Obama landslide (310 + electoral votes)
Obama comfortable win (290-310 EVs)
Obama close win (279-290 EVs)
Obama barely wins (270 + 278 EVs)
Exact tie 269-269
Romney barely wins (270 + 278 EVs)
Romney close win (279-290 EVs)
Romney comfortable win (290-310 EVs)
Romney landslide (310 + electoral votes)
Being outraged that others are not discussing it or that someone else dismisses it makes no sense to me. Bring it up, make a point or two about what you think it means, and I am sure you will get some thoughtful responses. But to label this thread as partisan because no one has brought it up makes no sense to me. If one of us wanted to talk about it, we would. And there is nothing stopping you or others from talking about it.
-Jason "I, for one, wish the conservative leaning posters would post here more -- I would love to hear their take on how Romney is doing so far, the choice of Ryan, the tax non-disclosure, and other stuff the liberals have discussed ad nauseum" Evans
That said, Ryan is undoubtedly a bit of tough medicine, and it remains to be seen whether the public is willing to take it just yet. I suspect that this election will be very, very close, and will largely hinge on how the economy performs over the next few months (quite a revelation, I know). To put it another way, keeping the electorate focused on the economy and proper size/role of government is Romney's best chance of winning, and Ryan is the VP candidate who best helps him make that case. Whether it is enough remains to be seen. And this whole Akin controversy is exactly what Romney, and the GOP in general, don't need right now.
My guess is that the state and National GOP put tremendous pressure on Akin to get out of the race by tomorrow. First, Brunner (more business conservative) would likely beat McCaskill and now it is uncertain if Akin can. Two, they would like this story to end since I'm sure they would rather Romney and Ryan be on other talking points. I'm sure the democrats will try to tie Ryan and Akin together on this issue which would certainly disrupt the economy message they are focused on. Bad day for the GOP at all levels...politically speaking it will interesting how long this story lasts locally and nationally.
This is a really bad news cycle for the GOP.
-Jason "phone ringing with her calling me to talk about it more... wow, she hasn't been this interested in politics in ages!" Evans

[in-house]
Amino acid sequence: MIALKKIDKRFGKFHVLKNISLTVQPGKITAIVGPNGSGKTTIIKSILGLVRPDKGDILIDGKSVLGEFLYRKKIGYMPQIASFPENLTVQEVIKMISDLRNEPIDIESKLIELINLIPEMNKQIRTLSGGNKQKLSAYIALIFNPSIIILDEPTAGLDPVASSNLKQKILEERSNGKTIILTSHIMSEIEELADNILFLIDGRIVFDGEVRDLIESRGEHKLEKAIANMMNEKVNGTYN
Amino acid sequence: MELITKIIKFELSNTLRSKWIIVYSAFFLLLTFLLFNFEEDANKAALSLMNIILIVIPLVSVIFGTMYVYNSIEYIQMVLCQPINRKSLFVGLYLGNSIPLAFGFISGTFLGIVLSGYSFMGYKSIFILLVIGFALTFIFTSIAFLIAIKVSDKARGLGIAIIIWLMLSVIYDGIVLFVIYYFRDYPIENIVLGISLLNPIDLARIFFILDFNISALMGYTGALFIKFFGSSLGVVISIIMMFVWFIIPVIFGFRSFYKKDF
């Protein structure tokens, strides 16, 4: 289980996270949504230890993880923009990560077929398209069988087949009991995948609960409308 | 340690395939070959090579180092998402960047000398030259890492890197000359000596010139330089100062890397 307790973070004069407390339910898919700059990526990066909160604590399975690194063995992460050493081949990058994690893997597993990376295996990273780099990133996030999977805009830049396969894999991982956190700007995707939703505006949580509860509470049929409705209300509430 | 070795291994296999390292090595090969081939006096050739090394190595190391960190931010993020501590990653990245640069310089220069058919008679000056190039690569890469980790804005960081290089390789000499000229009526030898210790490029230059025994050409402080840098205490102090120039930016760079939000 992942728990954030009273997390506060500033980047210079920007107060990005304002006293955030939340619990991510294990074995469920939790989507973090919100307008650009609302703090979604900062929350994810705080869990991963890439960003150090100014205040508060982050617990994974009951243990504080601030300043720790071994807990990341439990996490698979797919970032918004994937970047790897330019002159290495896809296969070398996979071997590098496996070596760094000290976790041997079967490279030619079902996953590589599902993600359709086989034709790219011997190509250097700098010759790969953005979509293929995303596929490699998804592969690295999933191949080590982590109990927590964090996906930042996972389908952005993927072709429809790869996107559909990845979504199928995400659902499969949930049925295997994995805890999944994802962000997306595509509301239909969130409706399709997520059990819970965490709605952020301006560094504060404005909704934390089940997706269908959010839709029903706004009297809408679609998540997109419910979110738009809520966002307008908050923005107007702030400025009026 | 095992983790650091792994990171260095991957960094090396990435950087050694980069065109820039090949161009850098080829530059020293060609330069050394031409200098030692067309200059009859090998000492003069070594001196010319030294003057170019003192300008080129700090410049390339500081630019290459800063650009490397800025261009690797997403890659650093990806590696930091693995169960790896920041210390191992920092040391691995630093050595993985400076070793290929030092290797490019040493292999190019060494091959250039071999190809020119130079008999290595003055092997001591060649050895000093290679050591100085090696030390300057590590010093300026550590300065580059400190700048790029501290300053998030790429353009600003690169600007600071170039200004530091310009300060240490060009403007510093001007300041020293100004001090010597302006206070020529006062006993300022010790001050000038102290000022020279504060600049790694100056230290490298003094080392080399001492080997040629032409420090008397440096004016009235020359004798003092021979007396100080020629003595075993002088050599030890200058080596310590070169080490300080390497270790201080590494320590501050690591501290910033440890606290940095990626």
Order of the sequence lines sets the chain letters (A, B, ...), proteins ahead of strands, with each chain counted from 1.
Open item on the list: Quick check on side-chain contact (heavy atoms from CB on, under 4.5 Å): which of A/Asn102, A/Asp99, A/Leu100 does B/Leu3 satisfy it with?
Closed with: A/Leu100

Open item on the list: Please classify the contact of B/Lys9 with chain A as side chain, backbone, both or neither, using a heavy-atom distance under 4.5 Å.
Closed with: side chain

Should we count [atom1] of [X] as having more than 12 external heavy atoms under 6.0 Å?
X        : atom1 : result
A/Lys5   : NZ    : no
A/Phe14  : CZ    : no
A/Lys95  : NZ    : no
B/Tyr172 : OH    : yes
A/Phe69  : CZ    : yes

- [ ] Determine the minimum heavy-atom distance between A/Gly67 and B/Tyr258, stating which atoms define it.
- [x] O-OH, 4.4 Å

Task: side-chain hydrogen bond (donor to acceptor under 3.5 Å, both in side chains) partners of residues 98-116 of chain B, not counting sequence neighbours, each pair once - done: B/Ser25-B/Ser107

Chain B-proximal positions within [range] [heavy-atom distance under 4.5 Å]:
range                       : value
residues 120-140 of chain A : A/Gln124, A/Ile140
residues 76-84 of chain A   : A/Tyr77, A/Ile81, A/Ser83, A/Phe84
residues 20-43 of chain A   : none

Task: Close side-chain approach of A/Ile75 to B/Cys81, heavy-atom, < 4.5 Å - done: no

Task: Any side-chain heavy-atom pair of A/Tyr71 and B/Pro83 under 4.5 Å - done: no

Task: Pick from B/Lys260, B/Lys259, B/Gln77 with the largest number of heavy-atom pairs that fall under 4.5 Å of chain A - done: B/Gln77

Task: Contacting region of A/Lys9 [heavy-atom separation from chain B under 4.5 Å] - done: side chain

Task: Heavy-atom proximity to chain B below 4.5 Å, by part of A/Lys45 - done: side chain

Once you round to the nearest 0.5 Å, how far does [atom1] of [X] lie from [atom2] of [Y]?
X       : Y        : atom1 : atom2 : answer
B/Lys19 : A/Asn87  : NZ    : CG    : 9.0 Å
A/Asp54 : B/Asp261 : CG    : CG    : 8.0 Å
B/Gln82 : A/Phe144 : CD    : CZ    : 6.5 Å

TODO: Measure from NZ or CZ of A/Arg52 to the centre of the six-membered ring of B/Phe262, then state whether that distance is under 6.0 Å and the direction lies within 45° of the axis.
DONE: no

Conflicting reports on whether Todd Akin is staying in the race. By many accounts, the decision would have to be made by close of business tomorrow, otherwise his name would remain on the ballot.
Duke | Mirecourt | Detroit| The U | USA
Voteview.org ranks his voting record among the most conservative in congress: http://voteview.org/HOUSE_SORT112.HTM
Disclaimer: all I know of voteview.org is that Nate Silver referenced in his column about the Ryan pick.
My impression of his voting record is one that's decidedly conservative. For example, he is against abortion in all cases and has sponsored bills to that effect. Without debating the merit of the position, I do not think this is a moderate position in a country where a majority feel abortion should be legal in some circumstances.
I guess they figured that putting Ryan on the ticket would make the Medicare debate inevitable, so better to jump on it now and at least try to control its framing and direction, rather than wait for it to happen on someone else's terms.
The heat is on Akin to bow out, and do it soon. As in, now. Sen. John Cornyn, chair of the RSCC, as well as Karl Rove's Super PAC, have abandoned ship, and state officials are talking openly about "the path forward," apparently without Akin.
Before any of that was public, however, Tony Perkins, president of the Family Research Council, chastised Massachussetts Sen. Scott Brown, who was the first high profile Republican to call for Akin to drop out.
In affirming the FRC's support for Akin, Perkins' press release included this comment on Brown: “He should be careful because based on some of his statements there may be call for him to get out of his race. . . He has been off the reservation on a number of Republican issues, conservative issues I should say. His support among conservatives is very shallow.”
So the plot thickens.
Extremely public, intra-party fighting on this issue is SO not what Mitt Romney needs to be happening right now.
So I just got a chance to listen to the audio of Akin's statement from earlier today. He didn't really say that his earlier comments were "ill-conceived," did he? He didn't really use that phrase to try to defuse this thing, did he? Tell me he didn't.
In any event, with Mitch McConnell and even Romney now advising him to "re-consider" his decision to stay in the race, it is not surprising that there are reports that Akin's advisers are preparing for a withdrawal announcement on Tuesday.
Not surprisingly, Claire McCaskill warns that attempts to force Akin out of the race will backfire:
Apparently, her argument is that the Republican primary voters of Missouri selected him ... who are the party bosses to override their judgment? (Not saying I agree ... just that this is her argument)